In situations of conditional reimbursement, potentially within an adaptive pathway for a new medicine, observational data, for example from registries, used to estimate the effectiveness of the new medicine may be presented and assessed at HTA reviews. Comparisons of health outcomes between therapy options which are based on non-randomised studies are particularly subject to bias. Careful study design is needed to minimise the bias. Various statistical techniques are available to adjust for imbalances between study groups that are observed and may affect the comparison, although this is unlikely to fully eliminate bias.
6. Modelling of final outcomes from trial efficacy is not robust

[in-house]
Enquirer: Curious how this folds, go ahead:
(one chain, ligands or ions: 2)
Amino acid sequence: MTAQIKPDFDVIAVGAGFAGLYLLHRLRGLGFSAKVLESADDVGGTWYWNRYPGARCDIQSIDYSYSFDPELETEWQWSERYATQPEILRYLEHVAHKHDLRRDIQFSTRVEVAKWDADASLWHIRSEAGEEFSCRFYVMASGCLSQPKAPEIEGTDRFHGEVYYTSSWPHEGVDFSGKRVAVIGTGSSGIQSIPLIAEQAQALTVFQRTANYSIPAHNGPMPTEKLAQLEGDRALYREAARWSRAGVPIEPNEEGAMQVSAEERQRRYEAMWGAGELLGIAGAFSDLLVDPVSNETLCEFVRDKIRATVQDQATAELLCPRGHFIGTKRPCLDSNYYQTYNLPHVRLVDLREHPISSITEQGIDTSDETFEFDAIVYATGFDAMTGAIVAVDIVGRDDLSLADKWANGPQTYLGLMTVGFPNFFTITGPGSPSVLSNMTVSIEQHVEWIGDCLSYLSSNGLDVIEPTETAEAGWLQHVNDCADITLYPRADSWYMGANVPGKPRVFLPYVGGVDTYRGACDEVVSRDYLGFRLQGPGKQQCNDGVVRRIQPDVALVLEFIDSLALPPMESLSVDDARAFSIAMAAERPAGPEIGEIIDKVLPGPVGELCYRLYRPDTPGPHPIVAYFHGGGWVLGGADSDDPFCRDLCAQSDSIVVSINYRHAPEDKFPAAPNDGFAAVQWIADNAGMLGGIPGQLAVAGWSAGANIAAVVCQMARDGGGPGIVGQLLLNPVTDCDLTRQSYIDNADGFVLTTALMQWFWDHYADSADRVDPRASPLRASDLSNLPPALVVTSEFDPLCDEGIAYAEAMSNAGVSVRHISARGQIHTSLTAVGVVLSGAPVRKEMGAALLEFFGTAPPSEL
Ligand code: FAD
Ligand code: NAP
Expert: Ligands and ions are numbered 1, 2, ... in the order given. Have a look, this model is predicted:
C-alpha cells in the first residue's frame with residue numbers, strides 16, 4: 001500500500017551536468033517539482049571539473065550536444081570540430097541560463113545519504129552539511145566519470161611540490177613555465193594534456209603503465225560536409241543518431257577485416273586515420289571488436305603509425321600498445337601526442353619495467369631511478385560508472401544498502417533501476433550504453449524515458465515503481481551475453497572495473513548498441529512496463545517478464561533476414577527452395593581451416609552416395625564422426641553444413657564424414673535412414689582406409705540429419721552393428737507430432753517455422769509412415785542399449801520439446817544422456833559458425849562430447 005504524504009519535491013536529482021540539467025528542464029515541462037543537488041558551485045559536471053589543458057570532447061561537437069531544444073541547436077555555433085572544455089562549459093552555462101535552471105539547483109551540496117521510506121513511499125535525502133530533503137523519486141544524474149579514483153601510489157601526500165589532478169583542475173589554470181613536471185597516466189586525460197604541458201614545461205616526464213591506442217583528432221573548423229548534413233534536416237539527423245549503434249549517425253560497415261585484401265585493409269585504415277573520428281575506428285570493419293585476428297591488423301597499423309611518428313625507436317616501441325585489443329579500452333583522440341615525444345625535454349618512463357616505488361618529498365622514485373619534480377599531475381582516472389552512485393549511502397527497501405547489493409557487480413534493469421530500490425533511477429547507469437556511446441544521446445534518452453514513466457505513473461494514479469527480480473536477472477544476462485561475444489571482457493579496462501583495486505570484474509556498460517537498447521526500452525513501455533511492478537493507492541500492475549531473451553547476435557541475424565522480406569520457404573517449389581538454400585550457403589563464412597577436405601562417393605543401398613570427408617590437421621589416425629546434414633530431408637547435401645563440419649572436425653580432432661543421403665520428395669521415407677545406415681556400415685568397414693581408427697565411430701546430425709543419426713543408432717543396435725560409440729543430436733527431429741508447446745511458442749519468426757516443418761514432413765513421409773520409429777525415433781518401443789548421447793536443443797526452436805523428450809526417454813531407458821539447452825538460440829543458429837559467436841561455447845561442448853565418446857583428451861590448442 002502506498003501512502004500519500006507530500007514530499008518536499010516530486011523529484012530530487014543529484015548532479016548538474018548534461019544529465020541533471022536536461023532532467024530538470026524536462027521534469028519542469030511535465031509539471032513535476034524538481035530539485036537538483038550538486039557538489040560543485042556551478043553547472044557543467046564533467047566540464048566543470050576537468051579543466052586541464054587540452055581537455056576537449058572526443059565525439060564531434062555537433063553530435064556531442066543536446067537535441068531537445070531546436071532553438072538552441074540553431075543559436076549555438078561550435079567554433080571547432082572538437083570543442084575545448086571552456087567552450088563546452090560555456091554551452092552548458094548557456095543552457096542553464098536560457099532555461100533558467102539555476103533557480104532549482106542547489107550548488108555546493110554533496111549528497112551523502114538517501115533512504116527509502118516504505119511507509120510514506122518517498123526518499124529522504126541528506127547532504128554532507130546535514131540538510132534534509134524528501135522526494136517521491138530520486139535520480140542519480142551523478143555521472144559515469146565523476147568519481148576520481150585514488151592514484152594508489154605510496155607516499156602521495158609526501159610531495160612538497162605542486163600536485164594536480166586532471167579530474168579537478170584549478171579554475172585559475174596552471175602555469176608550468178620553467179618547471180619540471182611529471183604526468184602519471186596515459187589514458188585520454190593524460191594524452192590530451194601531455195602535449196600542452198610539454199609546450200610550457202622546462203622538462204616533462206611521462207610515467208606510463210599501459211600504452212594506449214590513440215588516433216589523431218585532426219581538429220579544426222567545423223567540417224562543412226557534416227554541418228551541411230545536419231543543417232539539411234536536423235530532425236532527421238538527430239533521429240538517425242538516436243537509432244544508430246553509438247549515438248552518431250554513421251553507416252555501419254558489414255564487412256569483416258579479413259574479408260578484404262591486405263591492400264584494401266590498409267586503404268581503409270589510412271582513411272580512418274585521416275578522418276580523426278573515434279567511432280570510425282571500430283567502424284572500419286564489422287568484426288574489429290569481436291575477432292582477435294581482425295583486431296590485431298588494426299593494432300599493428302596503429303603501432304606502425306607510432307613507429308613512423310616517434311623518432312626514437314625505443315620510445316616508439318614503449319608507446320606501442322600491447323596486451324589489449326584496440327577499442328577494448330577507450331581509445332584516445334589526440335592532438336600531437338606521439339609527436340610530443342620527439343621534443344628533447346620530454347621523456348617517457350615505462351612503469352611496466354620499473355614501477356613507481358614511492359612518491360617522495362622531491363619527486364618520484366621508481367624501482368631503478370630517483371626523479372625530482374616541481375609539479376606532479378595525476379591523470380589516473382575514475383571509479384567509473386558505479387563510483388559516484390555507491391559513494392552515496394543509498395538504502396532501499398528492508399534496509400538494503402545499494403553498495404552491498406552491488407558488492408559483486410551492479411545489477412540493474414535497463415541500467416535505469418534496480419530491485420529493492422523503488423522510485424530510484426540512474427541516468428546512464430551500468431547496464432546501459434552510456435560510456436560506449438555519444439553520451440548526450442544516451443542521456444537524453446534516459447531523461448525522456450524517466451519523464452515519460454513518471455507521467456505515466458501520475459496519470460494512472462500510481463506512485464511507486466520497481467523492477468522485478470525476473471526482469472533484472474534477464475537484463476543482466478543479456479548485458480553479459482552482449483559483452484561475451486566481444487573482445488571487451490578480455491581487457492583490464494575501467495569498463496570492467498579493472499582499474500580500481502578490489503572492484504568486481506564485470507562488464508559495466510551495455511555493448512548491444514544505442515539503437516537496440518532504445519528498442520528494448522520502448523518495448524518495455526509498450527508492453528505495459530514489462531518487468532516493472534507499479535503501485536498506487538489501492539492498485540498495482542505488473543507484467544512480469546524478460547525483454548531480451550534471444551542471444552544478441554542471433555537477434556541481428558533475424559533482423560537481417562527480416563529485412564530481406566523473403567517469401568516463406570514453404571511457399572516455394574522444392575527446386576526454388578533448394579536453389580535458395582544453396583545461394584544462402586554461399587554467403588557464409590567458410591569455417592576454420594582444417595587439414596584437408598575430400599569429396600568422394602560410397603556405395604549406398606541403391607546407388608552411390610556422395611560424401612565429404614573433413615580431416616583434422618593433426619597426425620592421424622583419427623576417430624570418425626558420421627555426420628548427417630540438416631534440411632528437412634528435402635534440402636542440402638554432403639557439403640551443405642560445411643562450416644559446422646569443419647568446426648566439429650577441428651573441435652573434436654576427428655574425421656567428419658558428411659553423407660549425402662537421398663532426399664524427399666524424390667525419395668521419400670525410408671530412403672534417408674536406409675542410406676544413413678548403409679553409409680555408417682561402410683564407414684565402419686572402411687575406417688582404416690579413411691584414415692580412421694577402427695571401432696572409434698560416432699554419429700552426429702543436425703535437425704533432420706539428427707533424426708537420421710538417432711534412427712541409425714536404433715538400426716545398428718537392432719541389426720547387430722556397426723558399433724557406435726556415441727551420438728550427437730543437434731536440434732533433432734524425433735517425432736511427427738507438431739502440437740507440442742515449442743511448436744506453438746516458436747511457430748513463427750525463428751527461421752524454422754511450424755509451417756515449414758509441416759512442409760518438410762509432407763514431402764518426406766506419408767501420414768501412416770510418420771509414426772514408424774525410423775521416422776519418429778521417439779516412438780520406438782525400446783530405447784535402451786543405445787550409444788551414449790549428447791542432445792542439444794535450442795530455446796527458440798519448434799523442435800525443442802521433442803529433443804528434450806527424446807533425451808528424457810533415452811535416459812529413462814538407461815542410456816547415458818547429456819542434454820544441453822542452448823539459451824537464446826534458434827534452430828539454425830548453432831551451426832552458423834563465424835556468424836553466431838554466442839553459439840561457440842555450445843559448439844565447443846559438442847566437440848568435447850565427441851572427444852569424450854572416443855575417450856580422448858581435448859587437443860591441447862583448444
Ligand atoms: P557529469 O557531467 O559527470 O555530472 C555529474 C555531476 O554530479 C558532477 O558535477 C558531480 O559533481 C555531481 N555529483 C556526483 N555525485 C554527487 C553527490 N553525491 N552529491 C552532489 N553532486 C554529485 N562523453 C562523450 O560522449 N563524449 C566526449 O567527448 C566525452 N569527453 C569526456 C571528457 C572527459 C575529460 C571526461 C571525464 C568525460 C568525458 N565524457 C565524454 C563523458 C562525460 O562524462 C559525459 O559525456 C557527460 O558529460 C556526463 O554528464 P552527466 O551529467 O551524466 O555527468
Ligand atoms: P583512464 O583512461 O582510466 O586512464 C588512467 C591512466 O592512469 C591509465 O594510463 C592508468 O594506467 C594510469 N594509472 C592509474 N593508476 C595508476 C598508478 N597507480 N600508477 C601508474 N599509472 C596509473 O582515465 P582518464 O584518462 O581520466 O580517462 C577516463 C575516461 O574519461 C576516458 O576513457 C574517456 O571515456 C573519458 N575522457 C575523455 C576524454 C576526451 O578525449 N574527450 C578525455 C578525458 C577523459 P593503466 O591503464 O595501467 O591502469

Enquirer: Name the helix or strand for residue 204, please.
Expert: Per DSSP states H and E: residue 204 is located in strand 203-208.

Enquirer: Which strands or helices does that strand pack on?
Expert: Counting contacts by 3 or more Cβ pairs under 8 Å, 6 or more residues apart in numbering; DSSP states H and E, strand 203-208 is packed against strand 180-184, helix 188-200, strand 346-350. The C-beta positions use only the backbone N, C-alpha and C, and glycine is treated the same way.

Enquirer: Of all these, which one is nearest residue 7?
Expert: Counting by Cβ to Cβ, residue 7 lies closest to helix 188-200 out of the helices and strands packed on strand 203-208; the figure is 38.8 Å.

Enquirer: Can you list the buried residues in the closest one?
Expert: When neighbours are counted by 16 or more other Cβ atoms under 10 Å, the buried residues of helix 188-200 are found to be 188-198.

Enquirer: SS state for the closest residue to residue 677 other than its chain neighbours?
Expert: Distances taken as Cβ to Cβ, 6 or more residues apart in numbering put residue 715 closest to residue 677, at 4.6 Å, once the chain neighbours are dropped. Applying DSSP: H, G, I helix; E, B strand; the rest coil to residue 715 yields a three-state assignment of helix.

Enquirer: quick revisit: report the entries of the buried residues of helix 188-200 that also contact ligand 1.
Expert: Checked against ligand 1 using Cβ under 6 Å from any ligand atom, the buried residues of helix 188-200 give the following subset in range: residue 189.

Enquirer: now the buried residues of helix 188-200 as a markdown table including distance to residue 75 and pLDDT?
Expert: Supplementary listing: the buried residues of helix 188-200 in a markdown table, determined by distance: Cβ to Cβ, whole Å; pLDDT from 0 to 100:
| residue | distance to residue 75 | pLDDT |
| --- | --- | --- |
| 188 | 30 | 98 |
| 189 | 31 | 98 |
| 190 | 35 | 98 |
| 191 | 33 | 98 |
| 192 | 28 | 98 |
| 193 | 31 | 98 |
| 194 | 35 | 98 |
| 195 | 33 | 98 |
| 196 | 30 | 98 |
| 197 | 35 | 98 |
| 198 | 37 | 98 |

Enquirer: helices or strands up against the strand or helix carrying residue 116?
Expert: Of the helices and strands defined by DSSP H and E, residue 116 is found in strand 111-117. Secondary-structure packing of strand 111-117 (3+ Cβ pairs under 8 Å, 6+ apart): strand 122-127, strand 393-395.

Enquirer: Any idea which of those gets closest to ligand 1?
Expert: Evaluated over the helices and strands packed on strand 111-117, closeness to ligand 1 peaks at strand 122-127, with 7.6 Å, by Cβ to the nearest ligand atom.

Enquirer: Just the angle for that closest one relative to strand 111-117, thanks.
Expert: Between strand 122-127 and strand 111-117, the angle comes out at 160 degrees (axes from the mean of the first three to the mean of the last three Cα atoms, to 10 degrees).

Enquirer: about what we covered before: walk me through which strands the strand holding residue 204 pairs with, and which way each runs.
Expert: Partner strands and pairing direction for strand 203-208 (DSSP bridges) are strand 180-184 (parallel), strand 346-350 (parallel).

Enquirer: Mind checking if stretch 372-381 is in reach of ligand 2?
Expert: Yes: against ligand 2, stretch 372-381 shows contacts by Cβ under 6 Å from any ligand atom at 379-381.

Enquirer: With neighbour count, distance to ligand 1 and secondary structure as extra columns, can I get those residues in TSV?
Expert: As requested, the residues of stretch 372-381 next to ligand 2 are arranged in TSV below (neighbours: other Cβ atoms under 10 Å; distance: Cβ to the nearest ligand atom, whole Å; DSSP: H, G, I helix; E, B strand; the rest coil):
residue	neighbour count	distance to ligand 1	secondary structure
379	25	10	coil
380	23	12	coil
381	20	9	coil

Evidence of relative effectiveness derived from modelling of final (long-term) outcomes from trial outcomes (efficacy) may be considered weak or unacceptable. This may be because the association between surrogate (trial) and final outcomes is weak, and therefore the latter are estimated with low confidence (wide uncertainty). The relationship may be poorly specified statistically, or not well validated, or the modelling approach itself may be inadequately described or justified. The data sources used in the modelling, especially sources other than trials, may not be considered relevant to the population of interest to the healthcare decision-maker. They may be of poor quality, with missing data, potential biases in their analysis. In some healthcare systems the use of modelling may be inadmissible or considered to deliver supportive evidence (only).